Think about the last film you saw at a theater or on TV. Have you seen a play recently? What drew you in to invest 1-2 hours to sit down and watch? So often there is something memorable and moving about watching a story unfold that is being dramatized before us. We tend to put ourselves into good stories that are acted well, “trying on” for ourselves what characters are thinking and feeling, often seeing ourselves and the world in a new way. Drama helps us to engage both our minds and emotions. Sometimes truth becomes clearer and takes on more meaning when it is fleshed out through a dramatic presentation. You can read more about the power of reading the Bible as a story under the “Storying the Word” section of this website. Here, we want to encourage you to consider taking one more step beyond seeing the Bible as a Story and actually consider acting out parts of Scripture.
What if in a church or small group setting we could harness those powers that connect us so intimately with drama and use them to draw both believers and nonbelievers deeper into Scripture? With a bit of creativity, Scripture stories can come alive before people’s eyes—they are so much more significant than this week’s episode of the latest crime-solving drama.
The church has a long history of dramatizing Scripture. It is interesting to speculate whether Jesus, when he told his parables, might have even acted out some of them. The most well know dramatization of Scripture is the “Passion Play,” the dramatic presentation of Christ’s trial, suffering and death. Scripture drama has been used with sermons, in Children’s and Youth ministry; all through various-sized productions of different passages.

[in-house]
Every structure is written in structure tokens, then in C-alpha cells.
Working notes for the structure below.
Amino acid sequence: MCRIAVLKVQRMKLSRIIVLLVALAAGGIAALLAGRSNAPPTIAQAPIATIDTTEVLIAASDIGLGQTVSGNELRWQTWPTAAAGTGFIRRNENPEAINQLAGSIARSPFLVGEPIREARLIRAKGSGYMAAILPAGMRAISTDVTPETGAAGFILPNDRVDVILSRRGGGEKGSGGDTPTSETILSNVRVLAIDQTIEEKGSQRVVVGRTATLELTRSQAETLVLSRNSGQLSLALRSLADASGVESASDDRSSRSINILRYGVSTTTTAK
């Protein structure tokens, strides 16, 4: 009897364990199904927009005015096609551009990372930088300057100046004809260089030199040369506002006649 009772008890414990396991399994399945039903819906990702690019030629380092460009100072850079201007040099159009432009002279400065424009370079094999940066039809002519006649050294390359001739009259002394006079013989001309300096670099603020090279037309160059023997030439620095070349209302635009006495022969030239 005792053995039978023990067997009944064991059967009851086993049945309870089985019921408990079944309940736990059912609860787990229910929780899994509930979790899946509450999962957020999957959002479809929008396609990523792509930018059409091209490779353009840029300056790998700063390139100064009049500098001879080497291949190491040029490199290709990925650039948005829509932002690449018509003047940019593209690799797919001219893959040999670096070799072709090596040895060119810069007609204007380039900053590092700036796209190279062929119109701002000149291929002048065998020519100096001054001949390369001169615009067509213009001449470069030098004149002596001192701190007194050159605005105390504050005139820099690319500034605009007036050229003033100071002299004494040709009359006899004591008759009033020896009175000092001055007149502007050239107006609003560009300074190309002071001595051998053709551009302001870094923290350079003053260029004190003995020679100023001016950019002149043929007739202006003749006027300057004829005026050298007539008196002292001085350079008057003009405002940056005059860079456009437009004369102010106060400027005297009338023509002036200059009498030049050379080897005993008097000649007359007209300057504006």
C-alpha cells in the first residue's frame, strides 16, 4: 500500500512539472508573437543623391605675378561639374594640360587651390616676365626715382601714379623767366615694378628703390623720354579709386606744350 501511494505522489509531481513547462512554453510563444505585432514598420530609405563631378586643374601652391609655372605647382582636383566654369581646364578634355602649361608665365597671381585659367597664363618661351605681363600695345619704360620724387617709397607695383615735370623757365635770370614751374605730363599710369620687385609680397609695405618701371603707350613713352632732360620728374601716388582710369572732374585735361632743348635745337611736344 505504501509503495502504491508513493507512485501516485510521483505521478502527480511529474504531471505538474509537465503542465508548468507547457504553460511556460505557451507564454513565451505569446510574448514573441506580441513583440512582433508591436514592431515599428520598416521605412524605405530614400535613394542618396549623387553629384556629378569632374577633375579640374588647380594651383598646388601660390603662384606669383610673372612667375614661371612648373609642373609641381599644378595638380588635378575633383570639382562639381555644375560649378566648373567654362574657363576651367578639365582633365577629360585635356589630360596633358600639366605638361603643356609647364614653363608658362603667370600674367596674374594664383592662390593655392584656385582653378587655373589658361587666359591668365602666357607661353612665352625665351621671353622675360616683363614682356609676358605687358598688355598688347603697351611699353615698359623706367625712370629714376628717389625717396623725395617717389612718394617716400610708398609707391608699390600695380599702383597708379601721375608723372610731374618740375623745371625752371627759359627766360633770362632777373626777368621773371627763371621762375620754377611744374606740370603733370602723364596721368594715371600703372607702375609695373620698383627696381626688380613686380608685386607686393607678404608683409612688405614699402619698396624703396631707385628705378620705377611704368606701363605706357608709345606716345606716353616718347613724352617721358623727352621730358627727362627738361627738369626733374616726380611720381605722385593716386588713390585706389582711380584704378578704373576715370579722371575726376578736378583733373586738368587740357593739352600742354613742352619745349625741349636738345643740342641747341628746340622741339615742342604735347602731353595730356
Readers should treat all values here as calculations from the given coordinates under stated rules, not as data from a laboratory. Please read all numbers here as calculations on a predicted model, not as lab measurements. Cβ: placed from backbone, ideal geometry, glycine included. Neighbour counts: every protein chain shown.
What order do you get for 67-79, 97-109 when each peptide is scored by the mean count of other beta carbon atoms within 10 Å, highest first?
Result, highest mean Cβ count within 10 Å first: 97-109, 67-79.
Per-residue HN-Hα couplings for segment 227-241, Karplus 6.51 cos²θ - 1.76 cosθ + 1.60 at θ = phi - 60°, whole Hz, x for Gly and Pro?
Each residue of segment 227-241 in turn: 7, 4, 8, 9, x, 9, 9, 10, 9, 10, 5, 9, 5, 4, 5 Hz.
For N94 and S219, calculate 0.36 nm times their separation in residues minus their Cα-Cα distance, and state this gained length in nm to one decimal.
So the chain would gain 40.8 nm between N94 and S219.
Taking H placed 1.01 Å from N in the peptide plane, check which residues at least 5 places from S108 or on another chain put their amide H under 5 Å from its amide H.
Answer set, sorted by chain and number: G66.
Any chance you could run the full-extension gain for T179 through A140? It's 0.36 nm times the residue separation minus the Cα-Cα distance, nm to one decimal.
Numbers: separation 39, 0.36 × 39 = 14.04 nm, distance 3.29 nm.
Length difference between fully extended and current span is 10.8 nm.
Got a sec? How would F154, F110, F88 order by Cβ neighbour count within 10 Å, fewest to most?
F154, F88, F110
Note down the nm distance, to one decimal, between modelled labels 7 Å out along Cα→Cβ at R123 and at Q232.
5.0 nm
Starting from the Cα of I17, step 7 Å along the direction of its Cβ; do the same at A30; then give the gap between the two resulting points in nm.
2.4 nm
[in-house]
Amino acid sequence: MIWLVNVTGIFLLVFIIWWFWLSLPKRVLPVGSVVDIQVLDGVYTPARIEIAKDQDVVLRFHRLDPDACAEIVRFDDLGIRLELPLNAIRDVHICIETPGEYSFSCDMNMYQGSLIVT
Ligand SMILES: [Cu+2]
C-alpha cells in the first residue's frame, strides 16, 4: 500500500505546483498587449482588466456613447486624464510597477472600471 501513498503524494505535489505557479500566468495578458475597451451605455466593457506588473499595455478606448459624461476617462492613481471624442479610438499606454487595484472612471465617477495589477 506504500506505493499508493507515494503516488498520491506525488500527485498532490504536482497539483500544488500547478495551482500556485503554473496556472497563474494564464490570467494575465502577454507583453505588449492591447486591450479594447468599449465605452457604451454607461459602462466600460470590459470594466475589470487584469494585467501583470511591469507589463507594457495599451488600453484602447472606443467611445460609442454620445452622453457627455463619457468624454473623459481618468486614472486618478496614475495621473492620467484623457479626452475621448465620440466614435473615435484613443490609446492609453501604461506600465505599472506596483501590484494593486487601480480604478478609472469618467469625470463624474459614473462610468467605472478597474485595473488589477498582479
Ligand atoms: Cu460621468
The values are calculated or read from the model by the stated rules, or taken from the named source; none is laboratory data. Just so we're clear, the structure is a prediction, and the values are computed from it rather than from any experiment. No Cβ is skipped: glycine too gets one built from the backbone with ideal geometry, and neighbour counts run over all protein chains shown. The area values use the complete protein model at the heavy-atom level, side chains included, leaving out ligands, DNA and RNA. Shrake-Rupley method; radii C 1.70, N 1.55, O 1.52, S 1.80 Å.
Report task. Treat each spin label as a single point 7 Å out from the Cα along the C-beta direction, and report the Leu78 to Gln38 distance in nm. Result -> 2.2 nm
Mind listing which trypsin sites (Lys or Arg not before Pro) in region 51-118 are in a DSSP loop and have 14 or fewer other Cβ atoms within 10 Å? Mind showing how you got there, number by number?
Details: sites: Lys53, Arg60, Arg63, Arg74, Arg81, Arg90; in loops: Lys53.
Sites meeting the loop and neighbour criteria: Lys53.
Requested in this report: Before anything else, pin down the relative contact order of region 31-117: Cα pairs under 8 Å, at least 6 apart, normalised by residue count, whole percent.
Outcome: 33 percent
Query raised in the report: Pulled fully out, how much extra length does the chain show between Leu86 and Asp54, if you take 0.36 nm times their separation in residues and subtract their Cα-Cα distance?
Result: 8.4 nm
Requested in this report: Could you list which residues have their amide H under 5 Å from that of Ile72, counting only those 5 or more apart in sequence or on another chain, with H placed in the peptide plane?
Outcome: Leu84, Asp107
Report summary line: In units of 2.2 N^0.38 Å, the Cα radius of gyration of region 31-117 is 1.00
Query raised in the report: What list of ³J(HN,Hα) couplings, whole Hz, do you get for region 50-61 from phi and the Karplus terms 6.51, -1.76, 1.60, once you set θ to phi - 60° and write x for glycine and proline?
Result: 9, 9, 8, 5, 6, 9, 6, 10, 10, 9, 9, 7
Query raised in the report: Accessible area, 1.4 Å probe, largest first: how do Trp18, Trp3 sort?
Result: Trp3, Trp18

What does Scripture Engagement as drama look like? It is not cute, reworded retellings of Bible stories in the form of clever skits, though such performances have a time and place. To really use drama as a form of Scripture engagement we want to suggest it is important to remain as true to the exact words of the Bible as possible. For small groups, this is easily implemented as a sort of “reader’s theater,” where various group members volunteer to read certain voices in the text. Impromptu skits may be used as well, using the Scriptures as a script. On a larger scale, Bible stories may be rehearsed, costumes and props added, and an actual performance prepared that might be presented before a congregation on a Sunday morning or another gathering. With the right assembly of participants, a small group leader might even consider forming a group with the purpose of studying the Scriptures together in order to create such performances to be presented to a larger audience—a small group Bible study that also operates as a drama ministry.
The possibilities are many. The growth in faith and understanding of God and his Scriptures that may result could be incredible. Those who actually participate in the drama will be the most engaged and the impact will be the strongest on them. The dramatization of Scripture may seem unconventional or foreign to some at first. But with a little creativity and a lot of prayer, you may just discover a unique way to experience God’s Word in an impressionable and memorable way.